Shortlist revealed in search for up and coming talent (17/12/2012)
FIVE Scottish film-making teams have been named on the shortlist of an initiative seeking to develop up and coming talent in Scotland.
Lo-fi, a low budget film initiative run by Screen Academy Scotland, a Skillset Film & Media Academy based at Edinburgh Napier University, received a wealth of entries after launching the search in May.
Now five promising film-making teams have been put through to the next phase of the programme, which will see them attending a series of three specialist workshops aiming to develop their screenplays over the next eight months.
The projects will then be pitched to an industry panel, with one being selected for advanced development and financing.
The initiative is being supported by Creative Scotland, Matador Pictures and BBC Scotland.
Oscar van Heek of Screen Academy Scotland said: “The Screen Academy is delighted to be working with such exciting new talent. The Lo-fi projects span across a wide range of genres and there is no doubt that the selected film makers represent the next generation of talented film makers to come out of Scotland.”
Ewan Angus of BBC Scotland said: “BBC Scotland is proud to support exciting new talent and the Scottish film industry through the Lo-fi initiative.”
Nigel Thomas of Matador Pictures said: “Our involvement in Lo-fi is part of our long-standing commitment to nurturing new voices in British film and these six varied and exciting projects are testament to the intense creativity of the new generation of British talent.”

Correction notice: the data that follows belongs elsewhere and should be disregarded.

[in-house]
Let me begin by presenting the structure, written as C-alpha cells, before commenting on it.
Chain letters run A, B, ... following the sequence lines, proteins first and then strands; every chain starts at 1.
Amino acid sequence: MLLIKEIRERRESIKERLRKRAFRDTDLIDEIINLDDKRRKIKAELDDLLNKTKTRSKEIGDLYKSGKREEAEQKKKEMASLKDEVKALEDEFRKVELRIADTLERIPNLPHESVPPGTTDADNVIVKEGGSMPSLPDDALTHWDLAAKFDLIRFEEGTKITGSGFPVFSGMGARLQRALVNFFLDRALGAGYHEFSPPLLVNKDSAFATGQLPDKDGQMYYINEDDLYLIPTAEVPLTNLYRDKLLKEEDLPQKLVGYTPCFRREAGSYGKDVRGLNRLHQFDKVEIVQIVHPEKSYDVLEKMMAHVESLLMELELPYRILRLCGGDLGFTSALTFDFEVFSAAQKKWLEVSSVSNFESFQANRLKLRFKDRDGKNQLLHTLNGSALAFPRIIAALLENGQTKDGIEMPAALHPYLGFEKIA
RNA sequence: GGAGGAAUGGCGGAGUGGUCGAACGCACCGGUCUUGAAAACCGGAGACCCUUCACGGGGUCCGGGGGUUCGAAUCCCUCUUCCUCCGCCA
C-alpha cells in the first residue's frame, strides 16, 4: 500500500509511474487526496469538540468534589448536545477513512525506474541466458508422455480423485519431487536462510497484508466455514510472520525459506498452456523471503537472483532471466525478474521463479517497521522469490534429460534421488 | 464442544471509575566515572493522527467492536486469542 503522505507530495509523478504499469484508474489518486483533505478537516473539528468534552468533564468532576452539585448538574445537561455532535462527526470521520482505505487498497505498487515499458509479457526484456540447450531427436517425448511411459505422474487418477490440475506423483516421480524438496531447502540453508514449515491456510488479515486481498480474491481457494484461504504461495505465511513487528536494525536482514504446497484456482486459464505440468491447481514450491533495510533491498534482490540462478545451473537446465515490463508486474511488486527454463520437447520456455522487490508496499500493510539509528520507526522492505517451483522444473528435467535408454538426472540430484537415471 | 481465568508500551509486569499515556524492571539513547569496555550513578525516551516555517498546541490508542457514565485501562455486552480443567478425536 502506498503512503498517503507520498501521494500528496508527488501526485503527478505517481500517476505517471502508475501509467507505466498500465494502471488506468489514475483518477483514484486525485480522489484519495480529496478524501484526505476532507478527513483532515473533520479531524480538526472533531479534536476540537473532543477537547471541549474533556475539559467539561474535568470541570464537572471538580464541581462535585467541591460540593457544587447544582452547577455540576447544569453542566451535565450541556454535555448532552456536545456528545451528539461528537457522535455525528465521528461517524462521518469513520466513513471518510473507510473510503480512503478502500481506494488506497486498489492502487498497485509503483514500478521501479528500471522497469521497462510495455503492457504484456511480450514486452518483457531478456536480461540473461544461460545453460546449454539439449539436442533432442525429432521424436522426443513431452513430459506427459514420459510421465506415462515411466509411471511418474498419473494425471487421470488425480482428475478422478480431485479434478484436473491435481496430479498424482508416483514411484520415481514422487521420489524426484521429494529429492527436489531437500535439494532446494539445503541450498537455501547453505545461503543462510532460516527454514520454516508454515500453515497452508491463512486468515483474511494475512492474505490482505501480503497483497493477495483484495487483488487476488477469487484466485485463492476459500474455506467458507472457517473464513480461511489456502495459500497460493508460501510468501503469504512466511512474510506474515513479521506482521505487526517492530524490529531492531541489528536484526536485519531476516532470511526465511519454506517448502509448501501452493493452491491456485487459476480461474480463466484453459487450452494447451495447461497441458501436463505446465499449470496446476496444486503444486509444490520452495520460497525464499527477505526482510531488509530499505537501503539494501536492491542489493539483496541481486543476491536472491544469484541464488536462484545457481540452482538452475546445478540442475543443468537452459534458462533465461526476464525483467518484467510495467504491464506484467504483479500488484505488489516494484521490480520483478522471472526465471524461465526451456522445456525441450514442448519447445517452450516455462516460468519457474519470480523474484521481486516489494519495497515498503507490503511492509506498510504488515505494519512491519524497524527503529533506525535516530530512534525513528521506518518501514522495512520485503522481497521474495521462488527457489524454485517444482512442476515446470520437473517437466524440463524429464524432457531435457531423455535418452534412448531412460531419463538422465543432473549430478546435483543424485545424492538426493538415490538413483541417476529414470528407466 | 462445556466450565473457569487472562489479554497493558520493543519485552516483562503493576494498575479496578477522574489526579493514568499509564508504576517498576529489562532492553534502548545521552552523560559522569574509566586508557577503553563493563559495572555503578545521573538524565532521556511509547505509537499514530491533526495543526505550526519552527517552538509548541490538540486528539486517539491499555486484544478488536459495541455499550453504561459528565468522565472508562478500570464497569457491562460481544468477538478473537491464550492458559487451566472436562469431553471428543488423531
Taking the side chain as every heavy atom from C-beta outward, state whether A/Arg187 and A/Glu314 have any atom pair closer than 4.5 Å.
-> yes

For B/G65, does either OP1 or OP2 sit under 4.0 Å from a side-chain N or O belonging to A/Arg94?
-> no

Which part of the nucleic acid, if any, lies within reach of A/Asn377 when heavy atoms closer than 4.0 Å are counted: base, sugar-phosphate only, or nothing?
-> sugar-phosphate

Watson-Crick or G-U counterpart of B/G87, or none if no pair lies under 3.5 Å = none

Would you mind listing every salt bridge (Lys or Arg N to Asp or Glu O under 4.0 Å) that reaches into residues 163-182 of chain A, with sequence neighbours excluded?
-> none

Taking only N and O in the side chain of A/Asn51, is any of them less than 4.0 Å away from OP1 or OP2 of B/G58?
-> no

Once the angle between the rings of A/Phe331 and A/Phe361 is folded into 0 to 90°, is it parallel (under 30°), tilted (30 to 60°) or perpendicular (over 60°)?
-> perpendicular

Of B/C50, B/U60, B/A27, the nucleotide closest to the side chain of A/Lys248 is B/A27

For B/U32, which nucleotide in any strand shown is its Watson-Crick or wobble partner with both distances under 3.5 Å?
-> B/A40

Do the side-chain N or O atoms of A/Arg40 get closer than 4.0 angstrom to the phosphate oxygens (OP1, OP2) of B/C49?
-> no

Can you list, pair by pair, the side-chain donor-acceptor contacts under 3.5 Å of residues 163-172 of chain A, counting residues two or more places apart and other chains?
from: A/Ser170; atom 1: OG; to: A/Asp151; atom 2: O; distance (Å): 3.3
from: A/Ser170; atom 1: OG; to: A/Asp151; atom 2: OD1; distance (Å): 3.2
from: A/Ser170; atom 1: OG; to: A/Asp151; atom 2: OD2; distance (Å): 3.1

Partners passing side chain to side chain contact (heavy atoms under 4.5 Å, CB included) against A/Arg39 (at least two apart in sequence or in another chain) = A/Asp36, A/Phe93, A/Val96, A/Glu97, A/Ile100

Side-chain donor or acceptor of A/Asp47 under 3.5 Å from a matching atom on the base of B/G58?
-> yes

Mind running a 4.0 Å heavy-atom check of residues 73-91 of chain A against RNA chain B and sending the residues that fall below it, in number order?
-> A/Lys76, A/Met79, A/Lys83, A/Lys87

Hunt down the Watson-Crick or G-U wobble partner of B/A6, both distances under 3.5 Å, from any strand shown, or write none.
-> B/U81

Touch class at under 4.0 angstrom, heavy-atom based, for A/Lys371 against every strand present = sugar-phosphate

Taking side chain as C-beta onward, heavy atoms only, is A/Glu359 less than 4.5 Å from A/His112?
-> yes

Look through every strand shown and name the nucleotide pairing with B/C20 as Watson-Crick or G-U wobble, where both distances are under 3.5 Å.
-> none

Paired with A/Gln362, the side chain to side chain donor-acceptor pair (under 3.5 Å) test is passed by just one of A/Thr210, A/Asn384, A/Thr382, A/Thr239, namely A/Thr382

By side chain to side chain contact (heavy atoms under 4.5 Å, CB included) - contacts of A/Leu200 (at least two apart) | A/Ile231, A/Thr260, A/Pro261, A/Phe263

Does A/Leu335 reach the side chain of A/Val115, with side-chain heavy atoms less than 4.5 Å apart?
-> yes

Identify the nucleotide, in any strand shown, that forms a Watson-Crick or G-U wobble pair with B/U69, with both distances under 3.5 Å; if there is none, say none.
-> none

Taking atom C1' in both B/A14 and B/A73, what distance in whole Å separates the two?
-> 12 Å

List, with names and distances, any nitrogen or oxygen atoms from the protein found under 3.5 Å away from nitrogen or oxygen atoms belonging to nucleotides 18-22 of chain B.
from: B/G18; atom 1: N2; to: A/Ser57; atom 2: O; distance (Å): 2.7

Caroline Parkinson, Director of Creative Development at Creative Scotland said: “We are delighted to be working in partnership with Screen Academy Scotland, BBC Films, and Matador Pictures to support these talented up and coming film makers to develop their screen plays. This scheme is an essential part of finding and developing talent across Scotland, we look forward to seeing the final film.”
The final projects focus on a range of themes including revenge, depression, extra-terrestrials and financial crises.
The shortlist is:
Rocket Surgery: Stewart Thomson (writer)
In order to raise the required funds to send his father's cremated ashes into outer space, Donald McPhail unleashes a spectacular UFO and extraterrestrial contact hoax on the residents of a small Scottish village.
White Mice: Simon Arthur (Writer/director), Lindsay McGee (Producer), Rodger Griffiths (writer), Fiona McKee-Johnston (producer)
Retired family man Terry travels from his home in Northern Ireland to Scotland on a mission to track down Ronnie who killed his son many years before. Vengeance is on his mind but can mild-mannered Terry really become a killer and more importantly, will Ronnie let him?
Cream: Russell Davidson (Writer/Director) and Selena Darke (Producer)
A stylised drama about a debt recovery lawyer on the brink of financial meltdown.
Fireworks: Wendy Griffin (Producer), Hannah Robinson (Writer/Director), Jonathan Hall (Writer)
Deluded teenager Kat hits upon an awesome plan to fix both her mum's epic grief AND her uncle's manic depression - a spectacular, homemade firework!
Kill: Lindsay McGee (Producer), Rodger Griffiths (Writer/Director), Fiona McKee-Johnston (Producer)
After the death of their father three estranged brothers go on a hunting trip to the Highland forest they visited as children. Once deep in the woods unknown assailants attack. A bloody race for survival ensues as the hunters become hunted. Only confronting childhood secrets provides any hope for salvation.